In a new video released by the bike advocacy group PeopleForBikes, Pittsburgh Mayor Bill Peduto says that Pittsburgh needs to re-think the modern commute: In 2014, not everyone’s dream is to own a car they can drive to work each morning.

The video was made in response to a partnership that happened earlier this year, when PeopleForBikes chose Pittsburgh as one of six cities to participate in a Green Lane Project that took Mayor Peduto on a tour of the world’s most sophisticated and successful bike infrastructures, including those in Copenhagen and Amsterdam.

Sarah Goodyear, in her article in Next City, prefaces the video with a statement that Mayor Peduto believes will be extinct within the near future: something akin to, “we didn’t expect this from Pittsburgh.”

“Pittsburgh may not be the first place that comes to mind when you think about great cities for bicycling in the United States,” Goodyear writes.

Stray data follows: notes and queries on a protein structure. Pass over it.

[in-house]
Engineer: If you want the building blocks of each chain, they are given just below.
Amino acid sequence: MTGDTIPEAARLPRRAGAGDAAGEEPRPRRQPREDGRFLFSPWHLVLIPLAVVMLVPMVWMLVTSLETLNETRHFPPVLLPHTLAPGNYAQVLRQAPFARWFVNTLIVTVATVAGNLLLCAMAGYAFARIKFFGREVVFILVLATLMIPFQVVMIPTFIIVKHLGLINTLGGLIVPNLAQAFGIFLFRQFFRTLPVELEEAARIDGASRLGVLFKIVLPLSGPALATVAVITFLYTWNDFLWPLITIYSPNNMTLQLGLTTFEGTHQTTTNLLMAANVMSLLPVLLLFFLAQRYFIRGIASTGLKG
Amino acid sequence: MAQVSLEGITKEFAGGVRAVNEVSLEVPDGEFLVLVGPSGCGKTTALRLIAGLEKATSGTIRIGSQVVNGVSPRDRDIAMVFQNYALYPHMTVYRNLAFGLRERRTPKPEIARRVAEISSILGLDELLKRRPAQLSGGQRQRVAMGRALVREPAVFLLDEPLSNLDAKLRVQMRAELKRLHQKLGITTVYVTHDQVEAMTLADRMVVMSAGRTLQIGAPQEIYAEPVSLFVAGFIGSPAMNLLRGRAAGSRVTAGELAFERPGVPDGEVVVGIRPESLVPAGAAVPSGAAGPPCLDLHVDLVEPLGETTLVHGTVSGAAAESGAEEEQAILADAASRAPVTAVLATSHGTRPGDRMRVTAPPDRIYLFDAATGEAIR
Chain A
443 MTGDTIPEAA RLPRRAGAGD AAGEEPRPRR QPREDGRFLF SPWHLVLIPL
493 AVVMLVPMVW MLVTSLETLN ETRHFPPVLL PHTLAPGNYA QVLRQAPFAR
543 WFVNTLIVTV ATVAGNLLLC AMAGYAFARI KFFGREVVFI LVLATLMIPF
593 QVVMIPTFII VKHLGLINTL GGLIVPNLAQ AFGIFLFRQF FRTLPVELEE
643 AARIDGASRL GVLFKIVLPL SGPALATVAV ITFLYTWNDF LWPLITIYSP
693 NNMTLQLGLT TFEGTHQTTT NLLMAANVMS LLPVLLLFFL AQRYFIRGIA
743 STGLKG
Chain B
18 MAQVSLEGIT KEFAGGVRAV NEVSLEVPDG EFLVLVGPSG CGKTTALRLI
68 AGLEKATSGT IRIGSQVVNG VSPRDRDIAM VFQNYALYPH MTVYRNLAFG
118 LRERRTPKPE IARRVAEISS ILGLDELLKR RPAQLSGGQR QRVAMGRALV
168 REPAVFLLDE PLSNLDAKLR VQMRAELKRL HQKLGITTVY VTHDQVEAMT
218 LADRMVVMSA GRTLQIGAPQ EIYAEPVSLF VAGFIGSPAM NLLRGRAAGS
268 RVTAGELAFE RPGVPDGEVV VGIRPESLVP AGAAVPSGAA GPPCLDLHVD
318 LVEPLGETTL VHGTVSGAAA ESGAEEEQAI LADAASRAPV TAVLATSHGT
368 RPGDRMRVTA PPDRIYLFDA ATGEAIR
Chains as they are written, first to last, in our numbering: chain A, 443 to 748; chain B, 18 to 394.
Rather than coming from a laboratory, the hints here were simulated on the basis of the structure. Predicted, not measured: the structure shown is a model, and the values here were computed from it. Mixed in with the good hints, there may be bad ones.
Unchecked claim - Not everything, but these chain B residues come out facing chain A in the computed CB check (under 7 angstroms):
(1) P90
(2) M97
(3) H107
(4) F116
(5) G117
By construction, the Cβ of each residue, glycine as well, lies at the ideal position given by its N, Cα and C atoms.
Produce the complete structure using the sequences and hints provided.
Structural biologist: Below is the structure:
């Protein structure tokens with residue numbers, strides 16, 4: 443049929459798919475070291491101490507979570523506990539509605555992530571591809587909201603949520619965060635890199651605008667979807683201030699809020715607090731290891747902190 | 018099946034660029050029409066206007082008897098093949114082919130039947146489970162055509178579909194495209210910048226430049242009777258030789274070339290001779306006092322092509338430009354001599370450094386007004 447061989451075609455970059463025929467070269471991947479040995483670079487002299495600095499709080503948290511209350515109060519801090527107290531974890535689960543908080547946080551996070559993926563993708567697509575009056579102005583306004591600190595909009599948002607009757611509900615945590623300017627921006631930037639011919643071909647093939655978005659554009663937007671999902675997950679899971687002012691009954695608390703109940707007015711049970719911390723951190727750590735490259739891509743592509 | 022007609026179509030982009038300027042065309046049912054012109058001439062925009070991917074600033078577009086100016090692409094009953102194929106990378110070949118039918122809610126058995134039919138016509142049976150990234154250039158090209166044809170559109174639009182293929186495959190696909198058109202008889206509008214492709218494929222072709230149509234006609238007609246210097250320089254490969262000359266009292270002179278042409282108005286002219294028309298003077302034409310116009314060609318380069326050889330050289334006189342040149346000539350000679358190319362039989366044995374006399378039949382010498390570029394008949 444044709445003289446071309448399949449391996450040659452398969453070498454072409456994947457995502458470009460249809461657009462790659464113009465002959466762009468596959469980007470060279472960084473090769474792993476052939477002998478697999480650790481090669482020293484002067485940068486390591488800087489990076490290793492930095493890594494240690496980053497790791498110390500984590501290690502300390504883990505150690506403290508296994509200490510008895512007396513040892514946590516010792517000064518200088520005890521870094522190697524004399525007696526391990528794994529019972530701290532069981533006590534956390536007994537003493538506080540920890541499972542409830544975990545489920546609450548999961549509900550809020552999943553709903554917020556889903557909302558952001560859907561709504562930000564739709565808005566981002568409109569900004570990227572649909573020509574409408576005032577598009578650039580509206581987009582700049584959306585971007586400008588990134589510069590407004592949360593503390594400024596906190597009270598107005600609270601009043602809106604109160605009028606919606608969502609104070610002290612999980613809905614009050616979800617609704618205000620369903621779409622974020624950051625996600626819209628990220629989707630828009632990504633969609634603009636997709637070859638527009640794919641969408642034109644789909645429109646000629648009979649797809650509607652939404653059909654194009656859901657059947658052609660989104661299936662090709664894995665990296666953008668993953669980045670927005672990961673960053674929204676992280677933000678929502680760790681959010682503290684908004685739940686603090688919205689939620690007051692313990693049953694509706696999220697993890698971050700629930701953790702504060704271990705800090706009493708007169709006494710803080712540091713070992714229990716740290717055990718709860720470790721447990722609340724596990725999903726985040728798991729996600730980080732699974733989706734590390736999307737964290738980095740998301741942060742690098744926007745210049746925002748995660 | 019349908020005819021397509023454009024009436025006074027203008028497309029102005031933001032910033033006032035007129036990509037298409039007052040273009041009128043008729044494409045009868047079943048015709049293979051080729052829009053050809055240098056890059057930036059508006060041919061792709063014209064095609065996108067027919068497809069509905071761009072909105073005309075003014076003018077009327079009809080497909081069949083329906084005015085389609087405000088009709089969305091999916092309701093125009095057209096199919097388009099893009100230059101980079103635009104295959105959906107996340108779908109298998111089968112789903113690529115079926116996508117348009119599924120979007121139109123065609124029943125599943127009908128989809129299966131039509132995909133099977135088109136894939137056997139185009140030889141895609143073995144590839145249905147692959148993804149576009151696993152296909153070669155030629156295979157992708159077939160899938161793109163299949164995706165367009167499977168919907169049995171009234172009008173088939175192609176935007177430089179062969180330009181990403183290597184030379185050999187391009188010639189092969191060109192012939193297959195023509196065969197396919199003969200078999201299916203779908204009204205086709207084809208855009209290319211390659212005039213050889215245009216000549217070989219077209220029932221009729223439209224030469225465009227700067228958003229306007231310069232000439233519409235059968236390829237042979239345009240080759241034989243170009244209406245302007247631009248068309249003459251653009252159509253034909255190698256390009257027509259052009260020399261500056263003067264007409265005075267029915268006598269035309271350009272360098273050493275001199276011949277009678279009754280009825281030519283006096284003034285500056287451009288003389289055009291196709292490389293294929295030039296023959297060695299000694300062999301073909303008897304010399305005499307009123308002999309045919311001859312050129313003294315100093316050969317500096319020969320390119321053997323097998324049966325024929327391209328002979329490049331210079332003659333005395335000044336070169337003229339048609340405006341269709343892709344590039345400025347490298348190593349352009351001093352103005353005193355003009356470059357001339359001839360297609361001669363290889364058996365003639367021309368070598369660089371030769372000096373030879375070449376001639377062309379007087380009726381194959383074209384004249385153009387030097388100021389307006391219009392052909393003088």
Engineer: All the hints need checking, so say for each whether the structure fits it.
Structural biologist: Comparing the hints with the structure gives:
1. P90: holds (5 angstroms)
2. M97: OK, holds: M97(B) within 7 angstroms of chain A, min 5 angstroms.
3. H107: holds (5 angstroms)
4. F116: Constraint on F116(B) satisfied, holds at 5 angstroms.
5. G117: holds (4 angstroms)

As Mayor Peduto notes, Pittsburgh has an extremely “dense core, compact street grid, and robust public transit system.” How’s a biking culture supposed to grow strong? With the help of a determined mayor and advocacy groups like PeopleForBikes and Bike Pittsburgh.

“When you talk about bike infrastructure and the investment in capital dollars to build it out, you’re really not talking about bike lanes,” says Peduto.“What you’re talking about is a multimodal approach to building out your infrastructure.”

Raising awareness doesn’t hurt either. Goodyear makes note of Bike Pittsburgh’s Drive With Care campaign, which aims to close the gap between drivers and riders by humanizing those who choose to ride their bikes.

Goodyear also notes that Pittsburgh’s comprehensive series of trails makes the city primed and ready for a more sophisticated “utilitarian” way to get around the city. The trails, in addition to the inner-city lanes, will make biking around the city almost a no-brainer.

Although there are some dissenters out there who think we have too many hills, too many one-ways and a too confusing street system, Peduto makes a final affirmation. “We’re still doing it, and we’re going to beat every other city.”

Read the full article here.

Rebekah Zook is a Duquesne grad and all-around story-telling enthusiast. A former fellow at WESA, she worked as a production assistant for their daily talk show. Most recently, she taught in the Propel Charter School system as a visiting artist. When she isn’t writing, Rebekah is a trip leader for the local non-profit organization Venture Outdoors. You can usually find her in a bright yellow kayak.